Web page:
Last updated: July 26. 2014 10:31AM - 331 Views
By - flewis@civitasmedia.com - 740-353-3101

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By Frank Lewis


It isn’t every day when kids can have fun and learn something at the same time, but that is exactly what the order of the day was during the Southern Ohio Museum and Cultural Center’s (SOMACC) annual art camp, aptly titled SmArt Camp the week of July 21-25. Artistic Director Charlotte Gordon said students took various art classes including both performing and visual arts.

The camp was taught by Emily Uldrich, museum educator; Sami Matthew, Cirque d’Art Instructor; Joseph Pratt, guest performing arts instructor; Gordon and Pegi Wilkes, Cirque d’Art Director. Guest musician Steve Free also participated, providing two concerts for the students and giving them lessons on audience etiquette.

The goal of SmArt Camp, built around the theme, “Circle of Life,” in which students were involved in lesson plans and performances designed around jungle animals, is to provide students with a well rounded, quality education centered on all aspects of art.

In the theatre classes, students learned the basics of the stage and focused on how to break down and analyze a character for better acting and character development. They chose an animal they would find in the African jungle and then designed a character based on that animal. They were asked to draw a picture of what their animal looked like and write a biography about it. They then learned to move like their animal and applied characteristics of it’s designed personality.

Students created characters from lions, cheetahs, wild dogs, ligers, bears, warthogs, elephants and zebras.

In the art classes, the students took what they learned in theatre and designed a paper mâché mask on their animal. They then painted the masks to fit it’s personality.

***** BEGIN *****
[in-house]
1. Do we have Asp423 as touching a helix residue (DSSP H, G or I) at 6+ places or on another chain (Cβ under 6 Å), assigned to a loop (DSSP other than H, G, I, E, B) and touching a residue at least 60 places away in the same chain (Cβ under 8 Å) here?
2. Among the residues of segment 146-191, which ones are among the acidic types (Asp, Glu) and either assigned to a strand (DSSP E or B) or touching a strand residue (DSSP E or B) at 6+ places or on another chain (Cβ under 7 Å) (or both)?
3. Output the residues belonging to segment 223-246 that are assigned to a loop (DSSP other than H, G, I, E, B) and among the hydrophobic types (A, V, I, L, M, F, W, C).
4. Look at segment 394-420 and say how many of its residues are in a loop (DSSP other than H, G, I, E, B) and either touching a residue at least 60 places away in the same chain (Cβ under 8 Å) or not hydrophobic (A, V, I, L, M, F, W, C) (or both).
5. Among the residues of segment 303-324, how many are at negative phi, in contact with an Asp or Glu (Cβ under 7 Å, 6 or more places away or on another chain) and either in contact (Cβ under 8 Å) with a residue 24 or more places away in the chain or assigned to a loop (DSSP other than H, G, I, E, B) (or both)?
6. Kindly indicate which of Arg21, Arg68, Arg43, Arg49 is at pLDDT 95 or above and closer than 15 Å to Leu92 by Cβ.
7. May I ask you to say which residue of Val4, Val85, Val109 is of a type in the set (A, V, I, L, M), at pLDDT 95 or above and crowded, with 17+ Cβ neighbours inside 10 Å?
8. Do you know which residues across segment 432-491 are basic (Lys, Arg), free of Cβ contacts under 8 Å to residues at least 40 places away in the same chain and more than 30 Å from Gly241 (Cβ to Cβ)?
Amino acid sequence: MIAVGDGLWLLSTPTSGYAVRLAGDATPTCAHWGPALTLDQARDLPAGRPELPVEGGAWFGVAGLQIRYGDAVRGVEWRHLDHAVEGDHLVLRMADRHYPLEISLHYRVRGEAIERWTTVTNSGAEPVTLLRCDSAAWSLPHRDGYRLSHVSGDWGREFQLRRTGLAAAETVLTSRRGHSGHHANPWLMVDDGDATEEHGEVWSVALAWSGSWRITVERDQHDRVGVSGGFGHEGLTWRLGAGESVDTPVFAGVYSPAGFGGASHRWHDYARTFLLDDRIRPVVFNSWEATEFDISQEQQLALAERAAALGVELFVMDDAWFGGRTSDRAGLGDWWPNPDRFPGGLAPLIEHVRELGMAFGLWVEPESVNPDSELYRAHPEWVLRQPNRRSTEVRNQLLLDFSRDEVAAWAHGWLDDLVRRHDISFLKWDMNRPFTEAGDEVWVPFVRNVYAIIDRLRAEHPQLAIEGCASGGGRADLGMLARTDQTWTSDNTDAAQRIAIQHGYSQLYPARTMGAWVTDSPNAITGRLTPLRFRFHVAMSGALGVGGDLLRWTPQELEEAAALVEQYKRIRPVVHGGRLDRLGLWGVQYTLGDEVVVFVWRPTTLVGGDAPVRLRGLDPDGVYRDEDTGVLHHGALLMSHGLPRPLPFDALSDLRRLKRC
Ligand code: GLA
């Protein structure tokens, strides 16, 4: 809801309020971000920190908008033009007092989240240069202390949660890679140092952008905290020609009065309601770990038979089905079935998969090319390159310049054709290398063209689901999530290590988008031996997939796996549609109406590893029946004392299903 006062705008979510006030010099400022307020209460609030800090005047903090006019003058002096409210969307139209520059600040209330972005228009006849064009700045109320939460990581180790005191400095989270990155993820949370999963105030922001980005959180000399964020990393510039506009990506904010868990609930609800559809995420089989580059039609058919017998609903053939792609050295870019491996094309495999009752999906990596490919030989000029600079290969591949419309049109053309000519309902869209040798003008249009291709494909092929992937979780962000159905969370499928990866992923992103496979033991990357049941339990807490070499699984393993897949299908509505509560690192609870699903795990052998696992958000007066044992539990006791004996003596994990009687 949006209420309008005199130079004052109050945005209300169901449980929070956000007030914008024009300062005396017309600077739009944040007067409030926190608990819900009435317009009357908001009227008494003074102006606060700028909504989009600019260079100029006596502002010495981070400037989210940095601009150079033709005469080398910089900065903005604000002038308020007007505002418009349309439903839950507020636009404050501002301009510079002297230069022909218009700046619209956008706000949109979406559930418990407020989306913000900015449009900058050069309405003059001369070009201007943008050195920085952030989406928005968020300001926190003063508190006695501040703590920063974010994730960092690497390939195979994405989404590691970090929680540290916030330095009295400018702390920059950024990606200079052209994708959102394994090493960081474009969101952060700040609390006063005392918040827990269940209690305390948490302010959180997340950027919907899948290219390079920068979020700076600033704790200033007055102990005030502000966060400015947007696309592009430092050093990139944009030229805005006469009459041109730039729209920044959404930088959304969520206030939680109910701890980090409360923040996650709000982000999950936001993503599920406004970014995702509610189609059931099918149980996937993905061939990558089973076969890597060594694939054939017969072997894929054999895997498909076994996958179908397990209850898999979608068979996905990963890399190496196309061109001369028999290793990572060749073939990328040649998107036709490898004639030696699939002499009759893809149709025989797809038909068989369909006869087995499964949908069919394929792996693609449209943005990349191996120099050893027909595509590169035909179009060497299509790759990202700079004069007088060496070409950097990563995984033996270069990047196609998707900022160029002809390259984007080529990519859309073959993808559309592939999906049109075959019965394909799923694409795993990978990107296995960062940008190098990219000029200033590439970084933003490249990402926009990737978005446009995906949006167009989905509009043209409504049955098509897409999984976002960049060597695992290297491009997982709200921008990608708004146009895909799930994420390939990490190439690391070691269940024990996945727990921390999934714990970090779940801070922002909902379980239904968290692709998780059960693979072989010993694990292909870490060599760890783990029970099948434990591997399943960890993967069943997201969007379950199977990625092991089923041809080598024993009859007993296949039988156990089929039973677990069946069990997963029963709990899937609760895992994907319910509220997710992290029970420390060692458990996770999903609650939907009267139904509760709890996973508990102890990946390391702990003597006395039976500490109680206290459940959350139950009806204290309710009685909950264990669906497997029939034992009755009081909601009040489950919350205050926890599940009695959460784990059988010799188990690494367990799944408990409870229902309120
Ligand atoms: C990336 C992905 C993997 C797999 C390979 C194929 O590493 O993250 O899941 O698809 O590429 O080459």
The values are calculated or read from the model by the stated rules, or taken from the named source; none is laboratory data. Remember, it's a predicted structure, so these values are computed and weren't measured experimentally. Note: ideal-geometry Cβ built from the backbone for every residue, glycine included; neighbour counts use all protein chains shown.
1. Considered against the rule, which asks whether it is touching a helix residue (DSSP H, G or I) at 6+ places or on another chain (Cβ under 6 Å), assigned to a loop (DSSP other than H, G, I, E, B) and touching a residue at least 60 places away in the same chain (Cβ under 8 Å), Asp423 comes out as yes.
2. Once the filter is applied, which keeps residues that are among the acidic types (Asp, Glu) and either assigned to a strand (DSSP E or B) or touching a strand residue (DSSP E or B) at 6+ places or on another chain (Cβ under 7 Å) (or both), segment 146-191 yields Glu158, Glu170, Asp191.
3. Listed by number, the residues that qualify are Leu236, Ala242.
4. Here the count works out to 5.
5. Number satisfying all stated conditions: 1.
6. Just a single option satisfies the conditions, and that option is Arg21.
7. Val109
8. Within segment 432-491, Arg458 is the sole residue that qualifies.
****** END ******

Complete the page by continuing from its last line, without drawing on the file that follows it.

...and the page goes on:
In circus classes, students were taught basic acrobatic skills, role playing Tarzan for the jungle theme, balance and climbing on circus scaffolding and catwalks. The circus classes even offered instructions in critical thinking and life skills on manipulating space and getting out of theoretical dangerous situations.

“A performance isn’t typically scheduled into SmArt Camp,” Gordon said. She said it is something she would like to keep up, because she said it was a positive experience for everyone. Students performed an intro scene to popular jungle-themed music while wearing their animal masks. Each student had a role and let their personalities shine, from the sleepy warthog, to the angsty liger and the predatory cheetah. The students wrapped up performances with a rhythmic stick routine to an upbeat jungle song, where the students learned the complicated revolutions in circus class.

SmArt Camp is held each year in July. Museum staff will spend the early months of summer working and planning for their camp theme. The museum will post information on enrollments early next summer for interested parents.

Frank Lewis can be reached at 740-353-3101, Ext. 1928, or on Twitter @FrankLewispdt.

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